Assessment Insights:

    The team is gathering information through random sampling across the Basin in broad, geographic zones. A fuller picture presents itself through a landscape awareness of vegetation compositions, patterns and structures of the environment. This involves employees of the Forest Service and Bureau of Land Management at the field level helping collect the information. This sampling should be completed by February.

    The assessment will pull together existing information on forest, rangeland, and aquatic systems, look at communities and economies, and project the ecosystems of the Basin into the future. The Team is critically evaluating scientific and technical information from all sources.

    The vehicle for disclosing the future will be scenarios that will describe a wide path or a broad universe of opportunities.

    Information from the Yakima and Silvies river basins will be used by the team looking for testing the relationships among ecosystem components at different scales.

    A variety of scientific models, both existing and new, will be used for information by the terrestrial, aquatic/riparian, economics, social, and landscape ecology staffs. Information gathered in these different disciplines, will also be synthesized and integrated across staff areas.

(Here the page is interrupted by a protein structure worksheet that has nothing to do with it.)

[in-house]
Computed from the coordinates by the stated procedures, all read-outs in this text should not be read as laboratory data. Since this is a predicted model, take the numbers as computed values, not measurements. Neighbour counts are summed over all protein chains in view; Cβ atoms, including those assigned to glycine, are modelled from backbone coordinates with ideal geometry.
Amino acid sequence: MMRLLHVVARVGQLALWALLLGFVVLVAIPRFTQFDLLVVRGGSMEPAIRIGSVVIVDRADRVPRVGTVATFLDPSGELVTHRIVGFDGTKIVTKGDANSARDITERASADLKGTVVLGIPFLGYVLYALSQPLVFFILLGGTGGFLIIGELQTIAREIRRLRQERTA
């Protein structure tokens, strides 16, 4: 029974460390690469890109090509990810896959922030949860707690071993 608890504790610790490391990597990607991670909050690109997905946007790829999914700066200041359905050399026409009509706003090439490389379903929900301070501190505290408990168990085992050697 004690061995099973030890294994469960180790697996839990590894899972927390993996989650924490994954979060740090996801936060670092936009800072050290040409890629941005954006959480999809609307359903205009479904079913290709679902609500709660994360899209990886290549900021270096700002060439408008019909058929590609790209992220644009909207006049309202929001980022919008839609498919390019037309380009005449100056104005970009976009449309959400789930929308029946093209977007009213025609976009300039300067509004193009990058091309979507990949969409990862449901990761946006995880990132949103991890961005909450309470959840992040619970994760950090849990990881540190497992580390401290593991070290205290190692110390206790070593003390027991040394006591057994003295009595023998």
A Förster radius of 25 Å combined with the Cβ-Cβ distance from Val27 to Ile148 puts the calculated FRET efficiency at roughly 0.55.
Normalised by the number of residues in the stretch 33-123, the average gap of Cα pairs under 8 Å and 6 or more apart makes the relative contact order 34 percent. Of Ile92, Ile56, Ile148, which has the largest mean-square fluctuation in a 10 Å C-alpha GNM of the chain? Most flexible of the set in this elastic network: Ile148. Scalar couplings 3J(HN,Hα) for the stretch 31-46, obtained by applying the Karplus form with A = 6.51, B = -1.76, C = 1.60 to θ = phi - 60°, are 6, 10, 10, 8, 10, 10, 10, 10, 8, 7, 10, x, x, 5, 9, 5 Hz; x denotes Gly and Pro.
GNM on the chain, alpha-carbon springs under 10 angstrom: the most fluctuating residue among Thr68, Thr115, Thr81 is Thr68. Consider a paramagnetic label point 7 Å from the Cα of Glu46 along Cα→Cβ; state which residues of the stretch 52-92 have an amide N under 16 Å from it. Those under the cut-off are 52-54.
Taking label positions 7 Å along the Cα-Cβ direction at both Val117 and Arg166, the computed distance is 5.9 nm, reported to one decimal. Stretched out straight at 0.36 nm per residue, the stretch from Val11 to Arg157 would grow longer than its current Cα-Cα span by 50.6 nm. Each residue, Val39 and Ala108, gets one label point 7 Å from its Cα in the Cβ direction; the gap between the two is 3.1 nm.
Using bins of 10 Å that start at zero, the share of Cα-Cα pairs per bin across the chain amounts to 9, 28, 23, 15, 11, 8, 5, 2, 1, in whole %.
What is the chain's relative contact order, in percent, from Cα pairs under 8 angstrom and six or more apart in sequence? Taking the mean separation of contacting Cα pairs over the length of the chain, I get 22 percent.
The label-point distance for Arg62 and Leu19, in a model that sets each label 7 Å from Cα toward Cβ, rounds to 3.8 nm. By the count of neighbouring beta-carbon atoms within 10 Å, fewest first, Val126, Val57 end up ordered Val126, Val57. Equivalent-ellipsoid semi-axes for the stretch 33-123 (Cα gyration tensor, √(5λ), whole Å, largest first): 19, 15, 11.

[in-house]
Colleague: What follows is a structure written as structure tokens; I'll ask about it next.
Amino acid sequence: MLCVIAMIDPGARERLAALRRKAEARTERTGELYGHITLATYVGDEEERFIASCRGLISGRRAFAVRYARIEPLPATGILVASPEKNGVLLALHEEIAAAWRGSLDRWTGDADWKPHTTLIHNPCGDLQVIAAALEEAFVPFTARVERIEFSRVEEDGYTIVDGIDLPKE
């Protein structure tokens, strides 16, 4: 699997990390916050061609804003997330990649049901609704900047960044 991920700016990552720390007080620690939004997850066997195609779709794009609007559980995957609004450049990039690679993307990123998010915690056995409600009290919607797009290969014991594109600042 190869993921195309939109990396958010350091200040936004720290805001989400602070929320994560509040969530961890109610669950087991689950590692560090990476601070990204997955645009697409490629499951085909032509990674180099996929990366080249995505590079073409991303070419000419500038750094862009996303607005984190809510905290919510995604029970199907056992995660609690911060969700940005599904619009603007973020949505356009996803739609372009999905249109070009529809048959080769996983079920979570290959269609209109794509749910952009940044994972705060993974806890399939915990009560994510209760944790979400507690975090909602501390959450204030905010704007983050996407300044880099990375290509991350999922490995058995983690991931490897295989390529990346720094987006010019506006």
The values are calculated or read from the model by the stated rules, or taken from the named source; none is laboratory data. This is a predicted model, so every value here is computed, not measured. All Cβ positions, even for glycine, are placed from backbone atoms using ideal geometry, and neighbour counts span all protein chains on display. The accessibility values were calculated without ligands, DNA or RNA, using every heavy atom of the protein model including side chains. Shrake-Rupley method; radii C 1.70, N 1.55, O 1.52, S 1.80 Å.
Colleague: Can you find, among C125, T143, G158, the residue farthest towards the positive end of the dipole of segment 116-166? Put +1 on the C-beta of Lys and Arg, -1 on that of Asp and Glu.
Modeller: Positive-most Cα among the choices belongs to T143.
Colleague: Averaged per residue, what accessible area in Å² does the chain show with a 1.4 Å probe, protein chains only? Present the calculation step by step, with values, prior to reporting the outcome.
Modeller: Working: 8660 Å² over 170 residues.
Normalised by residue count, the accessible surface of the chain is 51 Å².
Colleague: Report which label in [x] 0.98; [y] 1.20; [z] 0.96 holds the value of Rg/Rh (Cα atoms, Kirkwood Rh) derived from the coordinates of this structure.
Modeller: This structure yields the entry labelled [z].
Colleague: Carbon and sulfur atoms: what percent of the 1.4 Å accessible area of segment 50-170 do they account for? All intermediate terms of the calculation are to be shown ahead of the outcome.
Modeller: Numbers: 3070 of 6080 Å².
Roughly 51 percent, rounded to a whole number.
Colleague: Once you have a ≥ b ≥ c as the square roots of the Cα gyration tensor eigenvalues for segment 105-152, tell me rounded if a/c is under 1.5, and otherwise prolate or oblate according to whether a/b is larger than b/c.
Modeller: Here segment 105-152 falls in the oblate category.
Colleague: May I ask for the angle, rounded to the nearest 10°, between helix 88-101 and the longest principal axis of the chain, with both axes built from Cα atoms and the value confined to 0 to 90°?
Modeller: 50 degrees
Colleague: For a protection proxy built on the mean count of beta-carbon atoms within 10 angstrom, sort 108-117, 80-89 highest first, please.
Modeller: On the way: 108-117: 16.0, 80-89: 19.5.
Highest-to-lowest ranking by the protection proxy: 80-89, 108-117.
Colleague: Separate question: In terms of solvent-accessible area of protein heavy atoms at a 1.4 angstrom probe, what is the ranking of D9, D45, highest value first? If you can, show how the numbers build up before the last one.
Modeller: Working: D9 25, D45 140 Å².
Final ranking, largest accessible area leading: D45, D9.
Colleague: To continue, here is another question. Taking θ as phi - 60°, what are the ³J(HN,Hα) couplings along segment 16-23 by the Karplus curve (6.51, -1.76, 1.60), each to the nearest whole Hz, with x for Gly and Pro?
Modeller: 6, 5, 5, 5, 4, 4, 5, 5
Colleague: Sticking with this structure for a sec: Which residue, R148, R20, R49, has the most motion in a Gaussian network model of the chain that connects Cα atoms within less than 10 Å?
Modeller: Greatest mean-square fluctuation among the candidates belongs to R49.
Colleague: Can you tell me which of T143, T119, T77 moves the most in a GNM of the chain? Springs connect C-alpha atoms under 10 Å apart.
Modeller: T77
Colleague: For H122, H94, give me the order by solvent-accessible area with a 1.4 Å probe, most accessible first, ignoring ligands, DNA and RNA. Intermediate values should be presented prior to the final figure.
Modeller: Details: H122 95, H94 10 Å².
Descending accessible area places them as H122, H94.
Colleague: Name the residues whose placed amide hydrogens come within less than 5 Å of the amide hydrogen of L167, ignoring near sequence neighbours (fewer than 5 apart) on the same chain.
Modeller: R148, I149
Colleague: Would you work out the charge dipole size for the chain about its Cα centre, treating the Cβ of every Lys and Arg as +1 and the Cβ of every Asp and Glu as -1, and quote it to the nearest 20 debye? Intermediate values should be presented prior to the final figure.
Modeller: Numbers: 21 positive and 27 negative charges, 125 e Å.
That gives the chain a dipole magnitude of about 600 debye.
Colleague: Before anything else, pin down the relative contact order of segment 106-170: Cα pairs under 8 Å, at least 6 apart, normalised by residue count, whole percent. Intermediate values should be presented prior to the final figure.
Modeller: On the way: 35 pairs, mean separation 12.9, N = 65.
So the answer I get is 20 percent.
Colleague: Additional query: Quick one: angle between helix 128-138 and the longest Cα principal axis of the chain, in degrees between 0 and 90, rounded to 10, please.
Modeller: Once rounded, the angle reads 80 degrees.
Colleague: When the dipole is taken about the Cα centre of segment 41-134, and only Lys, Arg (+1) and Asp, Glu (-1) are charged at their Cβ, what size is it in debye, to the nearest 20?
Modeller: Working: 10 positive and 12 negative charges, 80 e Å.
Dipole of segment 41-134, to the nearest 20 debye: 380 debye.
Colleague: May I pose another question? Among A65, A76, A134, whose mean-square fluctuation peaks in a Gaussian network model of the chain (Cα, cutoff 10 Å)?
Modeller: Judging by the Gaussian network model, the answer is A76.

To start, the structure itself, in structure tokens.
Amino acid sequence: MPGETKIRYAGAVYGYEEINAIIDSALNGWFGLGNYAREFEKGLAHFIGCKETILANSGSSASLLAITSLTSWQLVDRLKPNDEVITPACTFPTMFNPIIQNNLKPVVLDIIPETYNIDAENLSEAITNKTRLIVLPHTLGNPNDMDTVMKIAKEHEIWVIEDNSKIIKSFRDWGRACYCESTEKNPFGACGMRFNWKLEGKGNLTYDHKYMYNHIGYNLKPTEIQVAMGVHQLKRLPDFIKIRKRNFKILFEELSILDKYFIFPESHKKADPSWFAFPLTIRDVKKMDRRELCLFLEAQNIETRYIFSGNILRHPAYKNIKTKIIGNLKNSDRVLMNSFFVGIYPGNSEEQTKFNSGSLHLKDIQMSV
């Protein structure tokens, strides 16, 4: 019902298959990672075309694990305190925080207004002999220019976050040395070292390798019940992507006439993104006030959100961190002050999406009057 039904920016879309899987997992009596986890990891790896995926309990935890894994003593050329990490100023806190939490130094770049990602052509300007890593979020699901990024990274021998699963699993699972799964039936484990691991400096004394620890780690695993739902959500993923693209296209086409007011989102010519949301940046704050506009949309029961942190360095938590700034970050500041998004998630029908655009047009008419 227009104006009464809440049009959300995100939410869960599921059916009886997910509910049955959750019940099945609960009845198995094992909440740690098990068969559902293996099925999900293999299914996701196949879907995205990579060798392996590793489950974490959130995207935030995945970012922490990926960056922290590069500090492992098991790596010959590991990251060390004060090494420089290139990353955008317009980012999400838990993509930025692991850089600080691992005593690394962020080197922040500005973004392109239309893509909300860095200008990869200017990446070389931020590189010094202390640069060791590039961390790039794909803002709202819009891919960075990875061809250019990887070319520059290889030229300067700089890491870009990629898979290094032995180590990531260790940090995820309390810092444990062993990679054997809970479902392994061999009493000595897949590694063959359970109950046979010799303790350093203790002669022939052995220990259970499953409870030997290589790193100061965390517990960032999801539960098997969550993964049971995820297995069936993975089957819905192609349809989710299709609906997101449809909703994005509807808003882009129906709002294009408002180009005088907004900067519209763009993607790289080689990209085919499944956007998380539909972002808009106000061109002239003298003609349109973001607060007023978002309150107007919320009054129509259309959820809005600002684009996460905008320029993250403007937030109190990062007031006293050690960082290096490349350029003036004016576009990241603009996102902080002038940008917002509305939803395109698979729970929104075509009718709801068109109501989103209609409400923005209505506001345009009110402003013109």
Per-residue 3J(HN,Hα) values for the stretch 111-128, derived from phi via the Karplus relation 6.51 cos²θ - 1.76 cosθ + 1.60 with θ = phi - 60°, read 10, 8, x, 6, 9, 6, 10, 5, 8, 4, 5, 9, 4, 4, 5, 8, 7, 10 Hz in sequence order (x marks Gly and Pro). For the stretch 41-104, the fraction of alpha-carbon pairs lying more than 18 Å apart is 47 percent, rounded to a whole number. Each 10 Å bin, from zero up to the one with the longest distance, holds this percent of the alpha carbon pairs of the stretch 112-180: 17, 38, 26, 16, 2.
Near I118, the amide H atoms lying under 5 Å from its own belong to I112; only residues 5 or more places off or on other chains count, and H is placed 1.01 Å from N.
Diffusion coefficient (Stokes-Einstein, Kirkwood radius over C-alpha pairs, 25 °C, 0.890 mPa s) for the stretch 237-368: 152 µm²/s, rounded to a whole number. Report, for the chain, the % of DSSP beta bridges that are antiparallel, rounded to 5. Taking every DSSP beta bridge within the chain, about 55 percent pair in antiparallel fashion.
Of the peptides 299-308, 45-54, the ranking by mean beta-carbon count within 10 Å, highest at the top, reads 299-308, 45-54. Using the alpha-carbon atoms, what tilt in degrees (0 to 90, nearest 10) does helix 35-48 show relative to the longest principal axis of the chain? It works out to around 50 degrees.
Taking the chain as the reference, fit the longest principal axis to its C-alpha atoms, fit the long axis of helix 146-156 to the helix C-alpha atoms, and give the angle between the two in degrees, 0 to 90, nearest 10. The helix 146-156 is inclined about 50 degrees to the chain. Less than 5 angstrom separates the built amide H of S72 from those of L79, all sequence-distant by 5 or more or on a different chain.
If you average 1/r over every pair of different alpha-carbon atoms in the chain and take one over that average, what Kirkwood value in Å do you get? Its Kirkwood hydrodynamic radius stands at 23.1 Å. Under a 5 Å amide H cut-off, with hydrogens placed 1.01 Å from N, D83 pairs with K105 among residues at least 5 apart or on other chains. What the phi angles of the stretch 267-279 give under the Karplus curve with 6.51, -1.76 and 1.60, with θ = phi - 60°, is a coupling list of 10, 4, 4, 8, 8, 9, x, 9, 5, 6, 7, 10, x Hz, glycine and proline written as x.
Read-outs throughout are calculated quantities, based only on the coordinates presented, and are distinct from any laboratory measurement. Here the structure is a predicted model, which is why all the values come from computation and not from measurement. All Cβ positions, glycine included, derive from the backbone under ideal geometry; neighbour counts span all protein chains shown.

Mission, Vision, and Goals Statement


    Since the Project's beginnings nearly a year ago, the scope has evolved. A mid-scale assessment and EIS for the Upper Columbia River Basin were added. We have also learned and adapted as we better understand public processes, relationships with others, and our own role and responsibilities. Success of the Project will lie on our leadership abilities to fulfill the Project's Mission, Vision, and Goals.



    MISSION:

    Develop a scientifically sound and ecosystem based strategy for forest and rangelands administered by the Forest Service and Bureau of Land Management in the Interior Columbia River basin and portions of the Klamath and Great Basins.

    GOALS:

  • 1. Produce a scientific framework for ecosystem management in the interior Columbia River basin that explains ecological principles and processes that operate at a variety of scales.
  • 2. Produce a scientific assessment which characterizes and analyzes historic, present, and potential future social and biophysical conditions within the interior Columbia River basin.
  • 3. Produce two Environmental Impact Statements that result in managment strategies based on ecological priniciples.
  • 4. Complete a scientific evaluation of the alternatives presented in each Environmental Impact Statement and describe potential effects for line officer consideration and decision.
  • 5. Capitalize on the opportunities to:
  • Bring science and management into closer partnerships and working relationships.

    Open new channels of communication and working relationships with American Indian tribal governments.

    Work openly with the public toward mutually desired resource management outcomes.

    Promote the evolution of knowledge for ecosystem management through workshops, the media, and other avenues of communication.